Eastern European Banking Model
https://worldspaper.com/ Traditional banking structures in CEEC (Central and Eastern European Countries) countries included a central bank and a number of special purpose banks, one of which handled customer deposits and other banking requirements and the others which concentrated on international financial activities, etc. In addition to performing other duties, the central bank met the majority of the commercial banking requirements of businesses. The CEECs altered this older arrangement in the late 1980s by taking over all of the central bank’s commercial banking operations and transferring them to fresh commercial banks. The new banks were established along industry lines in the majority of the world, while Poland took a regional strategy.
Even though a small number of “de novo banks” were permitted in Hungary and Poland, these newly established, state-owned commercial banks generally held sway over the majority of financial transactions. Since it included moving both “good” and “poor” assets, just transferring existing loans from the central bank to the new state-owned commercial banks had its issues. Additionally, each bank was only permitted to conduct business with the companies and industries that had been allotted to them, and they were not permitted to interact with any other companies.
https://thewdmedia.com/ These commercial banks cannot perform the same functions as commercial banks in the West since the central banks will constantly “balance out” troubled state firms. Banks in the CEEC are not allowed to foreclose on debts. It was extremely rare for a bank to force a company into bankruptcy; instead, if a corporation refused to pay, the state-owned enterprise would historically obtain additional financing to help it through its problems. To put it another way, it was forbidden for state-owned companies to fail, mainly because it would have had an impact on the balance sheets and commercial banks, but also because the subsequent increase in unemployment may have had significant political repercussions.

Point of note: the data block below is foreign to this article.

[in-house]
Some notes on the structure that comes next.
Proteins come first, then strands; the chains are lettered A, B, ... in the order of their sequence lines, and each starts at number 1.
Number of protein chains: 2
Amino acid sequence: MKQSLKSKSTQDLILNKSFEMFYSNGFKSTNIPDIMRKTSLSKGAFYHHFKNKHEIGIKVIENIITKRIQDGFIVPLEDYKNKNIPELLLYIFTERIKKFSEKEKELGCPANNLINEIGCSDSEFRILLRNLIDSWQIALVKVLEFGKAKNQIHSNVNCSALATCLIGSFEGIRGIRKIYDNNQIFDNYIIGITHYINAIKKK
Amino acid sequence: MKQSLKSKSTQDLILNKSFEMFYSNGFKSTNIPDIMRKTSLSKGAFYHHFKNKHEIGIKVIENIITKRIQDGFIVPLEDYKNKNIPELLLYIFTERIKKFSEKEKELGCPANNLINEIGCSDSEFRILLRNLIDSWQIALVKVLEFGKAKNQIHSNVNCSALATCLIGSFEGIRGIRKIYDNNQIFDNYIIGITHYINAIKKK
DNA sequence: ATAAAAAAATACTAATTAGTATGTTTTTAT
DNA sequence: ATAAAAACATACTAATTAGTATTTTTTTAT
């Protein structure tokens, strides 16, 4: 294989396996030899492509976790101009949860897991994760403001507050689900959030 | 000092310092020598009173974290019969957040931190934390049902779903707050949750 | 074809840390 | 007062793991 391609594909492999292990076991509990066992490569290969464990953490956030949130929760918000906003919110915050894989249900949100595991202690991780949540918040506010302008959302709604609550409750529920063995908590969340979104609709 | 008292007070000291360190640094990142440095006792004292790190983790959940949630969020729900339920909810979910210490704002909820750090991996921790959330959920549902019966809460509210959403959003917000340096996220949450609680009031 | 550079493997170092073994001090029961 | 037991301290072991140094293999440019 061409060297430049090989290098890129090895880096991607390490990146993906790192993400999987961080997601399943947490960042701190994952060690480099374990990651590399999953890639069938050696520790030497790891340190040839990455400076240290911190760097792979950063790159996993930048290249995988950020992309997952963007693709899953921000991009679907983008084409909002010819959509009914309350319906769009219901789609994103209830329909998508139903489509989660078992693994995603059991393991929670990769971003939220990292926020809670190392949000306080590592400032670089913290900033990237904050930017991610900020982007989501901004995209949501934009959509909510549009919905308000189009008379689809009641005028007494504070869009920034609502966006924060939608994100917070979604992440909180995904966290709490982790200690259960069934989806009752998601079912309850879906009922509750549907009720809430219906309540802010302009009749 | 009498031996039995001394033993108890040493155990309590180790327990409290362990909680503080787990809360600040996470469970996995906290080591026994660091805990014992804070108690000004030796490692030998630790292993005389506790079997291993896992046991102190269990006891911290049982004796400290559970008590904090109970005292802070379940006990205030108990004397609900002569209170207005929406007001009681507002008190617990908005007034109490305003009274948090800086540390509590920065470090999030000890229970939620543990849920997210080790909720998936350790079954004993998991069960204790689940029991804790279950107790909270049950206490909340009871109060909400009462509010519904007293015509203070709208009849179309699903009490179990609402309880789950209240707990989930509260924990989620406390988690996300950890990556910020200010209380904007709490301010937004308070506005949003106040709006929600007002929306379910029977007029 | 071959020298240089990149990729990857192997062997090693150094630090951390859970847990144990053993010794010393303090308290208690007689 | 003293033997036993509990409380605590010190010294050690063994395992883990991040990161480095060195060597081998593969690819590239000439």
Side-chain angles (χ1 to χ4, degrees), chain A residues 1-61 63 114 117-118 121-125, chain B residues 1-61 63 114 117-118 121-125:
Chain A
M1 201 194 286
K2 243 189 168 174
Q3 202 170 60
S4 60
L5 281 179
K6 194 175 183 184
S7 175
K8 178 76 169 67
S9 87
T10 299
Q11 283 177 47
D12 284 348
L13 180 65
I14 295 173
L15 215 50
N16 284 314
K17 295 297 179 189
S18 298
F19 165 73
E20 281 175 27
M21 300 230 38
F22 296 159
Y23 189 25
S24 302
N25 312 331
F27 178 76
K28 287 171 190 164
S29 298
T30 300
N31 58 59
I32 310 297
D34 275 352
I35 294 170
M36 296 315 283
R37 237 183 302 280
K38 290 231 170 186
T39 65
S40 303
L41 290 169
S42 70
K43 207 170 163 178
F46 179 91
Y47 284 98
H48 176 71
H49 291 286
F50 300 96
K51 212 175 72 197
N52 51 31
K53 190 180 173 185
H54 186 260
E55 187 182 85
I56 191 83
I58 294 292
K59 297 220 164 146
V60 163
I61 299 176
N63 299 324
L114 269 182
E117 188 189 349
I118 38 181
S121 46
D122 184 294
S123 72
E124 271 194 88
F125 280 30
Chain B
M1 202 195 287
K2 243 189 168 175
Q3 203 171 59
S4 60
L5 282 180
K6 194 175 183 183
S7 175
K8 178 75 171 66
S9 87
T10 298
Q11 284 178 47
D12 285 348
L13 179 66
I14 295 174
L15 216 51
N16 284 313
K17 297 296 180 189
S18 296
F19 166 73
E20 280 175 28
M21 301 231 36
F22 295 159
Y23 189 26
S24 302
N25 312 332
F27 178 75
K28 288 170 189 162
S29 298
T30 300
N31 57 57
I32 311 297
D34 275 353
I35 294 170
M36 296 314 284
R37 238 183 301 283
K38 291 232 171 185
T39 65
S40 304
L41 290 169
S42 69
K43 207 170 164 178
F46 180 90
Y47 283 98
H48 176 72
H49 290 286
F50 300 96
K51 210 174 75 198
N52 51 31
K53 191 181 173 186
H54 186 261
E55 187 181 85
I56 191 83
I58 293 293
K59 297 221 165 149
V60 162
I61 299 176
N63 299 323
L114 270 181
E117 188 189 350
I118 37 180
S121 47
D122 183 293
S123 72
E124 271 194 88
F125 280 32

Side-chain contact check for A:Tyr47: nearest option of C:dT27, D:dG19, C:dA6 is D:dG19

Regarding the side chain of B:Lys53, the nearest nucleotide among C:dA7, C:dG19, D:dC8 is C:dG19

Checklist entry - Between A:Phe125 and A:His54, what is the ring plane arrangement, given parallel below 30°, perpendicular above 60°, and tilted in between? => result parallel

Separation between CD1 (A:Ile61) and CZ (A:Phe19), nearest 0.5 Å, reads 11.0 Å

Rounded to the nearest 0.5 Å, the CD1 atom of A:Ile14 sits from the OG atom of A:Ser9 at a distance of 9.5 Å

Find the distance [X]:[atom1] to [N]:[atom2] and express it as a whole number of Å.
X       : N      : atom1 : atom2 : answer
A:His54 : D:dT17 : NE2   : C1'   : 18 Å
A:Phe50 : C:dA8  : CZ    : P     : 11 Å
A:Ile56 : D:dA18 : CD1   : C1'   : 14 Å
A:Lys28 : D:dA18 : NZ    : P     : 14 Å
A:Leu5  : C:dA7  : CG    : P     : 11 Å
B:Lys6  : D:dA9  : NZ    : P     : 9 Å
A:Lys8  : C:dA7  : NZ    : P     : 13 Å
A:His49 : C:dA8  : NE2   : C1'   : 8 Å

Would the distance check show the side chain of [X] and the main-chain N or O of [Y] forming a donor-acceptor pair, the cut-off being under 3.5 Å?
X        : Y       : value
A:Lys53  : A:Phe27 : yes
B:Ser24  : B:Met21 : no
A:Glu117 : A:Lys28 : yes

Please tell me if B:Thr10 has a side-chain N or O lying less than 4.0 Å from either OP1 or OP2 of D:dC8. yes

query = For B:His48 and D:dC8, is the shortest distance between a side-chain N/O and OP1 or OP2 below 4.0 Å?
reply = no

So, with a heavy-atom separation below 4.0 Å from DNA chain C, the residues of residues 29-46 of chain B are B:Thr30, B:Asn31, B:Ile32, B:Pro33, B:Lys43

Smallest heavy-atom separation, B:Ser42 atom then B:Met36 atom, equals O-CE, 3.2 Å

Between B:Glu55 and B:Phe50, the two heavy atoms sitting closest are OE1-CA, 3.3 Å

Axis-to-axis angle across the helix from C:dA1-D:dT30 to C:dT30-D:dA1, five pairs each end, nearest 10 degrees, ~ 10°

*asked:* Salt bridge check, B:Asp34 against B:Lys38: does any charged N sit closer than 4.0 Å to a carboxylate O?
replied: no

It was necessary to “clean up” the balance books of commercial banks, potentially by having the government buy their subprime loans with long-term bonds. Western accounting practices could be advantageous to the new commercial banks as well.
This perception of state-controlled commercial banks started to shift in the middle to end of the 1990s as CEECs realized that the transition to market-based economies necessitated a thriving commercial banking sector. But there are still a lot of problems in this field that need to be solved. For instance, the Czech Republic’s government pledged to start privatizing the banking industry in 1998.
The banking industry currently has a lot of flaws. As money market competition increases, a number of the smaller hanks seem to be having trouble, emphasizing their tinder capitalization and the increased amount of higher-risk operations they are engaged in. Regulation of the banking industry and available control tools have also been a source of controversy. As a result, the government has suggested creating a separate securities commission to oversee the capital markets.
The privatisation package for the four biggest banks in the Czech Republic, which presently own roughly 60% of the assets in that sector, will also let international banks enter a highly developed market where their impact has previously been minimal. In an effort to establish a regional hub for the network of a foreign bank, it is anticipated that each of the four banks will be sold to a single bidder. One issue with all four banks is that a review of their balance statements may reveal issues that could cause any proposal to be smaller than intended.
At least 20 percent of the debts held by each of the four banks are categorized as unpaid for at least thirty days. The collateral that banks hold against these loans may be used to lower the debts, but occasionally the loans are more than the collateral. Furthermore, it is challenging to determine the value of the collateral accurately because bankruptcy law is ineffectual. It wasn’t until 1996 that it became legal to write off these bad debts, but even if it is done, the assets of the banks will be depleted, bringing them dangerously near to the lower threshold of an 8 percent capital adequacy ratio.
Additionally, the national bank’s intervention in early 1997 prompted a decline in bond prices, which in turn led the commercial banks’ bond portfolios to decline. This move had an impact on the “commercial” banks. Therefore, there is much work to be done in the Czech Republic’s banking industry.